One of the great things about the Smoky Mountains is that just about any drive you take can be a scenic drive.
There are spots on I-40 as you climb up into the higher elevations where the river cuts a path down through the valleys, when the sun is high and the clouds are white, that are truly breathtaking.
Of course, sightseeing at 75 mph with a guy trying to make time to Charlotte on your bumper is not prudent.
Can you drive through the Great Smoky Mountains?
According to the National Park Service, there are 384 miles of road in the Smoky Mountains.
There are drives throughout the region that are designed to let you look around and enjoy some of the mountains’ breathtaking beauty.
If you’re going to do some sightseeing on the road, remember to drive safely. Mountain roads are often narrow with blind curves and low shoulders.
But with that in mind, here are our top five scenic drives around the Smoky Mountains in North Carolina and Tennessee:
5. The Cherohala Skyway
The Skyway, a 43-mile trek that connects Tellico Plains, Tenn., to Robbinsville, N.C., runs through two national forests, Cherokee and Nantahala.
Twisting over ridgetops and mountain peaks, the Cherohala is a little out of the way if you’re staying in Gatlinburg or Pigeon Forge. It’s also one of the lesser known jewels in the region.
Make sure you’re gassed up. If it’s winter, be well aware of the weather before heading out.
There’s a fantastic hike to Huckleberry Knob which offers amazing views and deep country camping.
Take a side trip to Indian Boundary Lake, an absolute oasis in the sky.
The 96-acre lake provides a scenic backdrop for camping, fishing, picnicking and boating from the hub at Indian Boundary Recreation Area.
4. The Blue Ridge Parkway
This massive scenic drive runs from Cherokee, N.C., to Afton, Va., spanning 469 miles.
It connects the George Washington and Jefferson National Forests to the edge of the Great Smoky Mountains National Park.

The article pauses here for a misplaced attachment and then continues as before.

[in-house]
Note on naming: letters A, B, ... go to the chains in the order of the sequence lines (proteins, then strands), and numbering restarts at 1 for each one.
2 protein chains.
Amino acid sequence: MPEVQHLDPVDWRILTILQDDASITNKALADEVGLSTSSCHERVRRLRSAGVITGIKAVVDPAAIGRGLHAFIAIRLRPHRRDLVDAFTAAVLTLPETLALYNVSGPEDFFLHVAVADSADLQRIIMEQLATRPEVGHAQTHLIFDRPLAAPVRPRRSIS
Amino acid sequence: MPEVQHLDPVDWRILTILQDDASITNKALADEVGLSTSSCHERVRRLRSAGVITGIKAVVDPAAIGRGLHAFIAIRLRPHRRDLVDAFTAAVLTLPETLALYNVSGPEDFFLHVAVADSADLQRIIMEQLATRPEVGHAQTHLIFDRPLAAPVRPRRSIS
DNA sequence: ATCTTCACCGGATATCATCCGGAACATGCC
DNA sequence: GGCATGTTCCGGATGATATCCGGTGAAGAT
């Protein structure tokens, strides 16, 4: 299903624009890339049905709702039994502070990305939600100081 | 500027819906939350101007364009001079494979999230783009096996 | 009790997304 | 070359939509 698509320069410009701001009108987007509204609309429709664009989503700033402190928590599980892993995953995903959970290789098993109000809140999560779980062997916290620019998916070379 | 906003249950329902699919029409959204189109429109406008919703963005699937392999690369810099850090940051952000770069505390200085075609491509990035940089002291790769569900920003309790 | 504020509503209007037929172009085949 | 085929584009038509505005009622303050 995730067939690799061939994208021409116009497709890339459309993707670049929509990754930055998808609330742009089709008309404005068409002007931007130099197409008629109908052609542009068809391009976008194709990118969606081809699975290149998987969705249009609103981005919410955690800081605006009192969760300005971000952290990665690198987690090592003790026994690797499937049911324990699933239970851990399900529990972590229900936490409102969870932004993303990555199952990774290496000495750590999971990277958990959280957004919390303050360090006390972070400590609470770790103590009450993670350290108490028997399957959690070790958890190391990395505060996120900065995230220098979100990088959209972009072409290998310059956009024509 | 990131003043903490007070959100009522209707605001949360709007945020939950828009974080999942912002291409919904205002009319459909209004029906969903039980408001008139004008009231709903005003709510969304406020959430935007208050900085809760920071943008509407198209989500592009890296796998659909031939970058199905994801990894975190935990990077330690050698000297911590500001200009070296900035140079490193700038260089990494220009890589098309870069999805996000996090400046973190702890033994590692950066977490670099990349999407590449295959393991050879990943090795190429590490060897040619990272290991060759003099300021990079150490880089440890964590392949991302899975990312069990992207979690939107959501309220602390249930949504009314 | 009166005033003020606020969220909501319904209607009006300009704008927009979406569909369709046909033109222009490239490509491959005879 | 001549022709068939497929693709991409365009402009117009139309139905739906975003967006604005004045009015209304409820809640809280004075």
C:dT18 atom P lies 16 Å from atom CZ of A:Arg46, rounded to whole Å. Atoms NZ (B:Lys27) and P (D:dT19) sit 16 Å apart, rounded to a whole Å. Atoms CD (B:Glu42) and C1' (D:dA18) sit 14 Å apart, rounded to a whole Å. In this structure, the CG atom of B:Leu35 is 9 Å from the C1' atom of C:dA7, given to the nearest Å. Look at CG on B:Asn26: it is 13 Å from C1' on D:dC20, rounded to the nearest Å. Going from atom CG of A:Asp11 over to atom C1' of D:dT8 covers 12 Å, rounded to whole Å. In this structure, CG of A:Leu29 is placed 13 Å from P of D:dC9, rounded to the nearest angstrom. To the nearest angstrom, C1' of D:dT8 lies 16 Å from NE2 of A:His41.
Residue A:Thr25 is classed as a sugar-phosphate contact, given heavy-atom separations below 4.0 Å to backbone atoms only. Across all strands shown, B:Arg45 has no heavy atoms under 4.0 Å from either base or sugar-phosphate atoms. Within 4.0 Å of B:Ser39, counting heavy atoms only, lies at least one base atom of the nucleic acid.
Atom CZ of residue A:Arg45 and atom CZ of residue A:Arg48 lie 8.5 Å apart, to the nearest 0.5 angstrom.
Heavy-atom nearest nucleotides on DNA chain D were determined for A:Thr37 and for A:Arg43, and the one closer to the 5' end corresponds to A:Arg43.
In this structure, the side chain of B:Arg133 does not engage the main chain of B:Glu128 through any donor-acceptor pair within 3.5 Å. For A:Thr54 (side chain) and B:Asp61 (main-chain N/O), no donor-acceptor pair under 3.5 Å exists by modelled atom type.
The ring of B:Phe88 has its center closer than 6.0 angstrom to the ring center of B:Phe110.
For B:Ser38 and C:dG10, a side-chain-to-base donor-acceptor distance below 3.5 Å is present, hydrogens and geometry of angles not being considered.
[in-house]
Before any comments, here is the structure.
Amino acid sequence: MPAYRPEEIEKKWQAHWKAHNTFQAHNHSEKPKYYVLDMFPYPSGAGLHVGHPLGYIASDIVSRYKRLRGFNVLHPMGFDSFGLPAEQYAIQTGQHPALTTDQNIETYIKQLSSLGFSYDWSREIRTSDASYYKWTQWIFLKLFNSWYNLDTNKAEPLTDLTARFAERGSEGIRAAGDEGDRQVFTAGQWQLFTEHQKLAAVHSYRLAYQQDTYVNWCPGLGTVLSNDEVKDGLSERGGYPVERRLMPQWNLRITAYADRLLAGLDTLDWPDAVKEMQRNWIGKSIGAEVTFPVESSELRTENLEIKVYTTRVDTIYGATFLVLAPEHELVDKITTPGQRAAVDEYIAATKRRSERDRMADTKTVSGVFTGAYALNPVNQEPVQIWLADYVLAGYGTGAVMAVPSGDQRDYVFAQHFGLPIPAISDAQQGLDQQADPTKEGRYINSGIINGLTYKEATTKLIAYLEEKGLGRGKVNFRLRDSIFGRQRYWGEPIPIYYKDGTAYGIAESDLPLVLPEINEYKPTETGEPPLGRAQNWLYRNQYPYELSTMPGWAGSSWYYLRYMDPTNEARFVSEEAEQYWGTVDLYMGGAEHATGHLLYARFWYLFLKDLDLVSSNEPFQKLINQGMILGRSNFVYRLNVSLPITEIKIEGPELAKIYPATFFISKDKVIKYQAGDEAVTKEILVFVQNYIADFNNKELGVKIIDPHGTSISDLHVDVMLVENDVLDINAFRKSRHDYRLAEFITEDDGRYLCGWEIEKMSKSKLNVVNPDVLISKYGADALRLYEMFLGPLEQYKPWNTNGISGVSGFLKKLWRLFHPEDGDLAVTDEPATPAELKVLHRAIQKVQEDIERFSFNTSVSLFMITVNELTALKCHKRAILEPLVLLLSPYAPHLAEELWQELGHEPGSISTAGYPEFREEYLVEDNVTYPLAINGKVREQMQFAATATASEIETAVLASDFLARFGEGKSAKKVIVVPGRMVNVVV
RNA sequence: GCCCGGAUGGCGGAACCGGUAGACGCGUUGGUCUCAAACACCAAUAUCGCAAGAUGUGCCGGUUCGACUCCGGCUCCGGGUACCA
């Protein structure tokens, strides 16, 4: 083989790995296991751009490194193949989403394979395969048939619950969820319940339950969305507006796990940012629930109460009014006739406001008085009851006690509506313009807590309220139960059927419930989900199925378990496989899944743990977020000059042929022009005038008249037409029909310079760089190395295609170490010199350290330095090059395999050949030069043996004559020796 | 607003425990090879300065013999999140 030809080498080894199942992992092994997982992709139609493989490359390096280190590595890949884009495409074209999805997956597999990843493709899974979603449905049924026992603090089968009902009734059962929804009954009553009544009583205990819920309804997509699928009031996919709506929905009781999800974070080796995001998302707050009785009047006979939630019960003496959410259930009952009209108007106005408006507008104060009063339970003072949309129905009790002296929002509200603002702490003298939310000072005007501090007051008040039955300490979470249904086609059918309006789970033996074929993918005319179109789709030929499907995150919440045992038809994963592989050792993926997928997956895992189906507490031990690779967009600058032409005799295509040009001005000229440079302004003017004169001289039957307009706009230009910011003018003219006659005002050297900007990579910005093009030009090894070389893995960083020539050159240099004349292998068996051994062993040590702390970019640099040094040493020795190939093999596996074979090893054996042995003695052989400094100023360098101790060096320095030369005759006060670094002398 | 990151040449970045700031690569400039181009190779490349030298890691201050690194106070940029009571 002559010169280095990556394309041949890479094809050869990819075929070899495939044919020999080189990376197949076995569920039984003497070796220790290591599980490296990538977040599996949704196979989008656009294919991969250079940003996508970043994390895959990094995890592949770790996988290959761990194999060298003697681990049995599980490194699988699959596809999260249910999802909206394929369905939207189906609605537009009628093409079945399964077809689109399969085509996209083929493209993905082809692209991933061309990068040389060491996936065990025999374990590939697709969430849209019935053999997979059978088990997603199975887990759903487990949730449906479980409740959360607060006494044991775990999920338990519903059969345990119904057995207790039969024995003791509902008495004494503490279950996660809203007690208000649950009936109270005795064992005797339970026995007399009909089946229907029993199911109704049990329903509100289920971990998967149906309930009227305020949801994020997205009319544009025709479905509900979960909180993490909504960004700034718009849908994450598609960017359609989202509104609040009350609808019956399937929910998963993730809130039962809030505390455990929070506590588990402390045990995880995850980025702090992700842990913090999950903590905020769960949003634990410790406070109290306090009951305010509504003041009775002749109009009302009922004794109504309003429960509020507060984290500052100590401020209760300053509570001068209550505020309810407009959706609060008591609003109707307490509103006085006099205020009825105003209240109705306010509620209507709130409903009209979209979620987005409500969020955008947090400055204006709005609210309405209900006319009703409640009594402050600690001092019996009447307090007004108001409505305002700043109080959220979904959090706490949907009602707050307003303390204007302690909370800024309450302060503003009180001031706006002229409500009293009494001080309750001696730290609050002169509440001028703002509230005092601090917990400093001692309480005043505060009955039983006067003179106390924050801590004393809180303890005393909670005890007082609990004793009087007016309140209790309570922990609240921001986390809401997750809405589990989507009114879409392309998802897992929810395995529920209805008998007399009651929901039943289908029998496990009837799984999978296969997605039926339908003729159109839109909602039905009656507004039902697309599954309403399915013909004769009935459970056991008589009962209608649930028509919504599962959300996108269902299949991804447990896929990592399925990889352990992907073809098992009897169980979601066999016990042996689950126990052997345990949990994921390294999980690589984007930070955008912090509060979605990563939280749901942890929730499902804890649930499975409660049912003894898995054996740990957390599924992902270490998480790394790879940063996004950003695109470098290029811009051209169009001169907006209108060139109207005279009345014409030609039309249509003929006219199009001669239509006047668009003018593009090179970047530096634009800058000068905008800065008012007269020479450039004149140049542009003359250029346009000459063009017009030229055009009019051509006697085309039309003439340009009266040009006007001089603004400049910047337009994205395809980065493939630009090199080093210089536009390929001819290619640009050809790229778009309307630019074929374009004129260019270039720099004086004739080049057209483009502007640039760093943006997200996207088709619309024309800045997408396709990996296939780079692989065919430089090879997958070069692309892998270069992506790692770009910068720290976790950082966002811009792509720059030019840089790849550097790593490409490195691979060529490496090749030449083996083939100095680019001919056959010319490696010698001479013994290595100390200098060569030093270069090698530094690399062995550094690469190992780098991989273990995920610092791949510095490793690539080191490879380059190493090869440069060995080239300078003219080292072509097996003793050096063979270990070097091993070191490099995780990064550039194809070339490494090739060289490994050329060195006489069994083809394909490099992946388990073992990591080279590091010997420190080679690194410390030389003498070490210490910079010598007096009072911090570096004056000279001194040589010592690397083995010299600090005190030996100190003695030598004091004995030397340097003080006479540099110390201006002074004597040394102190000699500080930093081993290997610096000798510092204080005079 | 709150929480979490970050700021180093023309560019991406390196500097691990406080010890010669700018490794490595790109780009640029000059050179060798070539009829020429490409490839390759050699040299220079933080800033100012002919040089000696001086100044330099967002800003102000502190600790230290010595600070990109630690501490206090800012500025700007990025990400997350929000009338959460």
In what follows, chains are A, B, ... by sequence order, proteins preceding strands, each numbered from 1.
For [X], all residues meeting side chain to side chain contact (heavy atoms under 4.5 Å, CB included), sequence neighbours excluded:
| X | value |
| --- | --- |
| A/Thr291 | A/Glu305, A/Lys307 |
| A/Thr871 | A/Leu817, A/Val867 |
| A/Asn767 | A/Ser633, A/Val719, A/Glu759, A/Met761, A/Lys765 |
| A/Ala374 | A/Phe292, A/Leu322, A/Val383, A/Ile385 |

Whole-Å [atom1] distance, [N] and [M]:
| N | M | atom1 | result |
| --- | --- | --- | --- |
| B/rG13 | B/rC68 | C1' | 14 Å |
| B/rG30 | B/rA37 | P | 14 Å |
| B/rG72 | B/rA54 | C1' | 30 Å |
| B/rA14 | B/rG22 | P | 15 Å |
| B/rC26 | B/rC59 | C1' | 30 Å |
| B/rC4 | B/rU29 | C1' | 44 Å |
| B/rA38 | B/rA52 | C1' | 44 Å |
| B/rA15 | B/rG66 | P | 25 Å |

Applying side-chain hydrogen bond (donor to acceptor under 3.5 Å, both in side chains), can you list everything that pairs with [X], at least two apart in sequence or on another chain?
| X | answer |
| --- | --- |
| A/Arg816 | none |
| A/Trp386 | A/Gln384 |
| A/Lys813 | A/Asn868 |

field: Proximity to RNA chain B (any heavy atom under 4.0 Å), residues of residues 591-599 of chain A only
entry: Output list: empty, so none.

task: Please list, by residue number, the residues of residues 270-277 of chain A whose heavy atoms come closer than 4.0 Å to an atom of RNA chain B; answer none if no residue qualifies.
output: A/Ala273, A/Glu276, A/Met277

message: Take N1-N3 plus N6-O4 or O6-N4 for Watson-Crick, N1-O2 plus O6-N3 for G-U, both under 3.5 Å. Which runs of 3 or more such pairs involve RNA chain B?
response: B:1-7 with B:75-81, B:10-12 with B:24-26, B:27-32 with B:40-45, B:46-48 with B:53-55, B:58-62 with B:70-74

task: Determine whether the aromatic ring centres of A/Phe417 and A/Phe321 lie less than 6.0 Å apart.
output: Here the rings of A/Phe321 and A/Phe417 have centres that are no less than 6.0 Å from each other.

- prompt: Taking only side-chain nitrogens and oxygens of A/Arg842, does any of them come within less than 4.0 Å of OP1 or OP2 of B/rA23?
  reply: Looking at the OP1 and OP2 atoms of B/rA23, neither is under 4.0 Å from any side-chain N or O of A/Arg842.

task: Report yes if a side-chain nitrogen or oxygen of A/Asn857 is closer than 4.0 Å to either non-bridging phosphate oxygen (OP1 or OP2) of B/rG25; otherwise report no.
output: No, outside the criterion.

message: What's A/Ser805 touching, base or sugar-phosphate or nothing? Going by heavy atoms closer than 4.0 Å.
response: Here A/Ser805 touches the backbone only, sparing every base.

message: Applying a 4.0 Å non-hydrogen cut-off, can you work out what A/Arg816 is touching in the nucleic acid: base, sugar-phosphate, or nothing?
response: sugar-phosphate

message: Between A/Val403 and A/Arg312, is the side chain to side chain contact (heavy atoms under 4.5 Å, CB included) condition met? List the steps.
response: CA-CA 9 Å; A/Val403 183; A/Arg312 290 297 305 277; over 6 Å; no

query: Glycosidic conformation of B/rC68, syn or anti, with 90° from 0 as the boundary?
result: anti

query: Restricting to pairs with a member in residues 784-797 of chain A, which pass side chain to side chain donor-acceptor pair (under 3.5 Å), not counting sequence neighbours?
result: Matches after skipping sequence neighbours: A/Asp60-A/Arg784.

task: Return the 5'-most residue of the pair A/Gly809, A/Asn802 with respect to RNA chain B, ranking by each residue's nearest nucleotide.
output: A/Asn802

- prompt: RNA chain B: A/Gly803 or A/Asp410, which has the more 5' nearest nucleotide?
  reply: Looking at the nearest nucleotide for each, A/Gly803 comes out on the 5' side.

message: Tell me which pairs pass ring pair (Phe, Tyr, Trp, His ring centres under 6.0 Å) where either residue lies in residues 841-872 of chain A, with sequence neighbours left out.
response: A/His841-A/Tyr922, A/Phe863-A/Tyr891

Someday, it might be cool to drive the length of the thing, but for now my favorite ride is getting on the Parkway near Waynesville and riding to the end where it connects with U.S. Highway 441 near Cherokee.
The first time I got on the Parkway was by accident. We were on our way to a softball tournament when I saw the sign that said “This way to Cherokee”.
I followed it.
It’s hard to enjoy the scenic views with an angry teenager watching the clock from the backseat. But we made it … eventually.
3. The Foothills Parkway
The Parkway was authorized by Congress in 1944, and the thing still isn’t finished.
For most of my life, there was a blocked entrance ramp in Wears Valley, a road leading to nowhere that you weren’t allowed to get on.
In 2018, they opened that section, and while I can’t say it was worth the nearly 80 year wait, it does offer some spectacular views.
The northern portion of the Parkway, running from I-40 South to U.S. 321 near Cosby is just over 5 miles long.
It opened in 1968. The southernmost section, 17 miles long, connects Chilhowie Lake to U.S. 321 at Walland. It was completed in 1966.
It wasn’t until 2018 that the next section was opened, 16 miles connecting Walland to Wears Valley.
The good news? The land acquisition for the further 33.5 miles of the Parkway is complete.
The bad news? At this pace, they should be done somewhere around the year 2080. I say go see what you can now and tell your grandkids to save the date.
2. The Roaring Fork Motor Nature Trail
Not all scenic drives have to be remote. The Roaring Fork Motor Nature Trail is a 5.5 mile one-way loop just above Gatlinburg.
It’s great for viewing wildlife. It offers several trail heads for manageable hikes and features rushing streams, old-growth forest and a number of well preserved cabins, grist mills and other historic buildings.
You can hit the Motor Trail, have a nice scenic drive and be back in Gatlinburg with plenty of time for mini golf and laser tag.
1. Newfound Gap Road
Newfound Gap Road runs from Gatlinburg, climbs to Newfound Gap – the lowest drivable pass in the park – and descends to Cherokee, N.C.
Along the way there are pull offs for scenic overlooks that nearly defy the imagination.
The North Carolina side is great wildlife viewing. Elk can be seen near the Oconaluftee Visitor Center. This is also a great place to stop, rest and soak up some local history.
On the Tennessee side, is my favorite picnic area in the Smokies, the Chimney Tops Picnic Area. This picnic area is located right against the West Prong Little Pigeon River, a great and easily accessible spot for families in the park.
Bonus scenic drive: Cataloochee Valley Road
This one’s not for the faint of heart. North Carolina’s answer to Cades Cove, the Cataloochee Valley was home to a thriving mountain community before the formation of the park.
This is the place where elk were reintroduced to the park in the early 2000s. The entrance road to the valley is one of the most scenic drives in the mountains, but the road is narrow and unpaved.
The best way to get there is from Cove Creek Road, which can be accessed from I-40, Exit 20 in North Carolina.
Did your favorite scenic drive in the Smoky Mountains make it to the list? Let us know in the comments.
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